It's important that you sort your prescriptions into chargeable and exempt groups to ensure you receive accurate reimbursement.
Prescription charges and your reimbursement
When dispensing contractors send their prescription forms to NHS Prescription Services for reimbursement and remuneration, they should sort the forms into three distinct ‘charge status’ groups to tell us whether the patient paid a charge for their items or not. The current prescription charge that a patient should pay if they are not exempt for their item is detailed in Drug Tariff Part XVI, Note 1.
The three groups are:
- Exempt – the patient did not have to pay for their items;
- Chargeable – the patient did have to pay for their items;
- Chargeable – the patient did have to pay for their items at the old rate (rate before April price change).
The payment that dispensing contractors subsequently receive is affected by the number of prescription items in each group.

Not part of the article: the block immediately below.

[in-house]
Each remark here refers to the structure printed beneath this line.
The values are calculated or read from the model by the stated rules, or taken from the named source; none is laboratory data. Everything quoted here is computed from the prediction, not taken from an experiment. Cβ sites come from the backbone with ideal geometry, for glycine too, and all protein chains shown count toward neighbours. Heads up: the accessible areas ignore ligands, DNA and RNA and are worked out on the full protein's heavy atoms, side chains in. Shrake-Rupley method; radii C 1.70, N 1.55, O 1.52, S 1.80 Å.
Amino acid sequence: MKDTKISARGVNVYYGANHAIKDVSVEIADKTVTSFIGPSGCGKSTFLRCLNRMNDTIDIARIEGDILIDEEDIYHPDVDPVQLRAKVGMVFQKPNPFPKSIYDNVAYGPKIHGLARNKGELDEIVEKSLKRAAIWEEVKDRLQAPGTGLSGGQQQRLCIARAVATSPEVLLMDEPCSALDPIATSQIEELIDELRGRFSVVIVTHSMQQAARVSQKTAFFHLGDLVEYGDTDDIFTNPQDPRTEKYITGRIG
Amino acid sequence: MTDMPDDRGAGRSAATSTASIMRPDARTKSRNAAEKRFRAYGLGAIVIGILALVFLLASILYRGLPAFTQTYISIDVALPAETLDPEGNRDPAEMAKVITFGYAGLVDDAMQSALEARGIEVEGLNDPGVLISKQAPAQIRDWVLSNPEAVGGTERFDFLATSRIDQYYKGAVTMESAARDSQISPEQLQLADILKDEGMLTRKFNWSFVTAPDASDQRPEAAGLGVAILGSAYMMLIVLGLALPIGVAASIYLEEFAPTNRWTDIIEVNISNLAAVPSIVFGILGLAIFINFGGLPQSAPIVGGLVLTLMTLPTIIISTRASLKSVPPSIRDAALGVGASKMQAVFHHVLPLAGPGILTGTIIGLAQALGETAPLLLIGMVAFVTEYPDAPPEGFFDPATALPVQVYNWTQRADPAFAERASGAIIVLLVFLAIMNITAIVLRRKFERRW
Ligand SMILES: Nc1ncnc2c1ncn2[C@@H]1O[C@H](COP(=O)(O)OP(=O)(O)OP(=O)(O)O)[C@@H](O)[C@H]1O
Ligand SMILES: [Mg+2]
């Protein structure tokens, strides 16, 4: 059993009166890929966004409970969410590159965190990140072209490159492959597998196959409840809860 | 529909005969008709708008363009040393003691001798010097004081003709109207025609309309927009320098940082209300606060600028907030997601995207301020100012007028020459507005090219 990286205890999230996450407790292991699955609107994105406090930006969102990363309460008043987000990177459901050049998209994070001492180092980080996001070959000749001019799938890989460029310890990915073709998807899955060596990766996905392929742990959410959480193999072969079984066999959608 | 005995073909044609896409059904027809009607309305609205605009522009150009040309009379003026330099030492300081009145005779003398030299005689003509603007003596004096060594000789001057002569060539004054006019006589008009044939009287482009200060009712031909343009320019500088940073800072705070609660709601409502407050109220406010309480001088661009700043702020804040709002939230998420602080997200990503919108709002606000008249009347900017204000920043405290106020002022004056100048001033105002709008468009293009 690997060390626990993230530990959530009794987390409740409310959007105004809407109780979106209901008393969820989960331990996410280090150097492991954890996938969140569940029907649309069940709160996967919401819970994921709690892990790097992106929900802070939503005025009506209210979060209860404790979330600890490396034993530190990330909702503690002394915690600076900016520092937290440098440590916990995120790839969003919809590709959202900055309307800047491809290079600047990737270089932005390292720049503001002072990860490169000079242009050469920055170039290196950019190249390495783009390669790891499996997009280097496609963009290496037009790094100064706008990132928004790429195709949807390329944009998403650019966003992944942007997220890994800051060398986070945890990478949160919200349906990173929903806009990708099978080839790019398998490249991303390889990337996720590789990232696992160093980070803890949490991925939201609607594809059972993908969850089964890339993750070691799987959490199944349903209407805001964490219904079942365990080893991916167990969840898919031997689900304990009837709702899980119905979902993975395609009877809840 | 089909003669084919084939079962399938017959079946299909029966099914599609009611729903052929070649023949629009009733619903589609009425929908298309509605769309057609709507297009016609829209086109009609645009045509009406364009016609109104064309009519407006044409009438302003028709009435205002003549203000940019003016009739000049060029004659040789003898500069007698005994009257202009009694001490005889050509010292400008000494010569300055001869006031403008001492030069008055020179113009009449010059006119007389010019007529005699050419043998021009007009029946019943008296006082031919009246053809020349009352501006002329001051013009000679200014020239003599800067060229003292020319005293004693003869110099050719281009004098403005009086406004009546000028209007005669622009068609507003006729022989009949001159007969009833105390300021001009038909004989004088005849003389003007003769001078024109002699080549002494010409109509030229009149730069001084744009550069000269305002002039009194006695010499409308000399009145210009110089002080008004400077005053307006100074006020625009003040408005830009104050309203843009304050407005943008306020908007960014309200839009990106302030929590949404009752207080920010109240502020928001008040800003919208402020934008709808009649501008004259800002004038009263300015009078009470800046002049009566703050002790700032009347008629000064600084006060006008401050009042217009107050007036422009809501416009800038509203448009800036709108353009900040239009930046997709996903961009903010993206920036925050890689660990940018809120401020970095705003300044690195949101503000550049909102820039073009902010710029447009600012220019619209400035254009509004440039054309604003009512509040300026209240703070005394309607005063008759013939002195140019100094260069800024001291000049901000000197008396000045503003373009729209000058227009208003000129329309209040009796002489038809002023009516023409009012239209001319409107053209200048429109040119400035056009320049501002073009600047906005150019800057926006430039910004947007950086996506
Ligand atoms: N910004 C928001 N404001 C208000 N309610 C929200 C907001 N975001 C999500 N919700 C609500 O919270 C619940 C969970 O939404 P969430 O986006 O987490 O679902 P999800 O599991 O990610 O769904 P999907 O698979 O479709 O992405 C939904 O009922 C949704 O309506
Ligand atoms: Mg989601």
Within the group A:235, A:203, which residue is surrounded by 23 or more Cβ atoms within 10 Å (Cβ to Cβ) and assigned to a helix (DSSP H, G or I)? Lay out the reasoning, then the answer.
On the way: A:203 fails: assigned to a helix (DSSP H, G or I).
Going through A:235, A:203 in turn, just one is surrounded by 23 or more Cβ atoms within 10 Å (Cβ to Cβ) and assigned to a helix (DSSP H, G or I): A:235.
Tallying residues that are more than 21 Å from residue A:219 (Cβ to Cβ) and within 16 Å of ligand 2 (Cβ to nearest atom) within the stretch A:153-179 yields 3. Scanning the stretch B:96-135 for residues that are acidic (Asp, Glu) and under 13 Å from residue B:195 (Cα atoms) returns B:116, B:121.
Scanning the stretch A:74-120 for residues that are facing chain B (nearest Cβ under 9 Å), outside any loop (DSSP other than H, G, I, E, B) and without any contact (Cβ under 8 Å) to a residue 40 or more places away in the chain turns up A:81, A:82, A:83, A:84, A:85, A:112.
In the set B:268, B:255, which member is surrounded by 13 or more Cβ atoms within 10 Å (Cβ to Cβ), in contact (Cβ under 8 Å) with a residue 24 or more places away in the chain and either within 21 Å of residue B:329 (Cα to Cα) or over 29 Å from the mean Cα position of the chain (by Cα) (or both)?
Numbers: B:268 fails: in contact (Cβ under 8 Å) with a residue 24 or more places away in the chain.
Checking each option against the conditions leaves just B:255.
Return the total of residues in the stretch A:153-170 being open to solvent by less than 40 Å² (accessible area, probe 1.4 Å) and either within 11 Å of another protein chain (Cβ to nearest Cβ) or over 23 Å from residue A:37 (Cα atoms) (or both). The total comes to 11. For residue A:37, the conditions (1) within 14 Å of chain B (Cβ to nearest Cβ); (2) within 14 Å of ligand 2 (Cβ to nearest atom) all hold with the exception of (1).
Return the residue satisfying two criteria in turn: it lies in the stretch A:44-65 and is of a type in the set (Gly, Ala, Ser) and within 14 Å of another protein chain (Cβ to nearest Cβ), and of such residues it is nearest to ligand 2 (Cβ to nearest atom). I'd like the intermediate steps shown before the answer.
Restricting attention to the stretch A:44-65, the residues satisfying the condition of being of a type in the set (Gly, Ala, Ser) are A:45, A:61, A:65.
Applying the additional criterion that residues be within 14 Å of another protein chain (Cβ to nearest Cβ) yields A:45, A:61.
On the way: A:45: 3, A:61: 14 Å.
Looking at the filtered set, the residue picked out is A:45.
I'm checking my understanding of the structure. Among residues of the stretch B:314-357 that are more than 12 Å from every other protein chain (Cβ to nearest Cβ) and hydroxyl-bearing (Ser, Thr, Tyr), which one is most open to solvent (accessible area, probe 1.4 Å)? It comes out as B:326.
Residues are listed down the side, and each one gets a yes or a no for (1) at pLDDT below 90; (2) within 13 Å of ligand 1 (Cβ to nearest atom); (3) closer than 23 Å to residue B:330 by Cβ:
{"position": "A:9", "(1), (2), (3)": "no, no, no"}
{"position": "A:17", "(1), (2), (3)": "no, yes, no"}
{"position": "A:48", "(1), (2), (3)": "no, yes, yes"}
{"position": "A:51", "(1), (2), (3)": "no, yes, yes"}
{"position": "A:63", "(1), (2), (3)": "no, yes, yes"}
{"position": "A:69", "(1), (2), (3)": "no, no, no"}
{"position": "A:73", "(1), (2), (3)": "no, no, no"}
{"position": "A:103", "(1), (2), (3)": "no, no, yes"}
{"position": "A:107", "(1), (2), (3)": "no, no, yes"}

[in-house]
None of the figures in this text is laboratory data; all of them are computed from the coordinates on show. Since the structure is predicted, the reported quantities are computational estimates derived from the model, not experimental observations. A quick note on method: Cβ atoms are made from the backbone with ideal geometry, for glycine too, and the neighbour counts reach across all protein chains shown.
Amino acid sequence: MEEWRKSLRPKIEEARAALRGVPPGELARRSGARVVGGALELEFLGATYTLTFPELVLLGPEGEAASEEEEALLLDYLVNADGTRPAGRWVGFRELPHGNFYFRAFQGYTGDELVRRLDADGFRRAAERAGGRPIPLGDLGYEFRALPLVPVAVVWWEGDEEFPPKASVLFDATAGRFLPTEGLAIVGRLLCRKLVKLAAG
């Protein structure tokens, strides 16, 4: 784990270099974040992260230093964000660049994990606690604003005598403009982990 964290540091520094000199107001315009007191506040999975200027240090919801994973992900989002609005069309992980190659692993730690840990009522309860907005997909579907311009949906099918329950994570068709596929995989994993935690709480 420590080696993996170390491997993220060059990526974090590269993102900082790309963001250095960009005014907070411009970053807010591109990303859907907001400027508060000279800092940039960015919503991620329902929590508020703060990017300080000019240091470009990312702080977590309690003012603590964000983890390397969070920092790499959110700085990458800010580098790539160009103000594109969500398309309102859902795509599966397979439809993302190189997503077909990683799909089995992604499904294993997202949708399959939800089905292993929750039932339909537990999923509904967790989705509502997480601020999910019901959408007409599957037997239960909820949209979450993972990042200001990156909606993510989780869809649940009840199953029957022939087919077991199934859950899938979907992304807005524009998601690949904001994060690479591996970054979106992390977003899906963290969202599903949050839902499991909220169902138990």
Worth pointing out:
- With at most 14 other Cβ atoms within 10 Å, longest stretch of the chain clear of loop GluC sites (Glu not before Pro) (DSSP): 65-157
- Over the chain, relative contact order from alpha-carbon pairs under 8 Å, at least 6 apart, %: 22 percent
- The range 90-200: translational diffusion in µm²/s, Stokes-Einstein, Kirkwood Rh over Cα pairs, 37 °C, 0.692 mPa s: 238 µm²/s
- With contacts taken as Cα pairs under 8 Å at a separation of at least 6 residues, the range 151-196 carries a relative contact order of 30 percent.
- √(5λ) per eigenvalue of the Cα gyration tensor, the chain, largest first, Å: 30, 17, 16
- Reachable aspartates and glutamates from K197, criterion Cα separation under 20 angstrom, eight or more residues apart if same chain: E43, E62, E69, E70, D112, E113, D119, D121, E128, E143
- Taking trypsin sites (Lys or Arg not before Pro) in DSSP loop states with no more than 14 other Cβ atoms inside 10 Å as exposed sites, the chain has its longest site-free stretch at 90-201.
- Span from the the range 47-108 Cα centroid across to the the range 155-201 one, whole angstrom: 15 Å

When NHS Prescription Services identifies that an item has been submitted in the wrong group we will change its charge status and will either increase or reduce the dispensing contractor’s payment accordingly.
Main reasons for changing the charge status
NHS Prescription Services may change an item’s charge status for a variety of reasons, but the main ones are:
Changing the exempt group to paid
- Prescription not signed by the patient or representative (and where the patient cannot be identified as age exempt from computer-generated details on the front of the prescription).
- Evidence that patient or representative has paid the prescription fee.
- Item not properly classified as a contraceptive (if submitted in the exempt from charges group).
Changing the paid group to exempt
- Form properly completed with all necessary exemption details
Age exempt patients
In 2005, there were amendments to the NHS charges regulations; there is no longer a requirement for certain age exempt patients to complete the exemption declaration on the back of the prescription form.
This only applies to patients whose date of birth or age is computer generated on either a paper prescription form or appears as part of an electronic prescription message (EPS). The relaxation also applies to repeat prescriptions where the patient’s date of birth or age is computer generated. Patients claiming exemption on age grounds, but whose date of birth or age is handwritten still need to sign the declaration box (part 3).
The change only applies to prescriptions dispensed in England.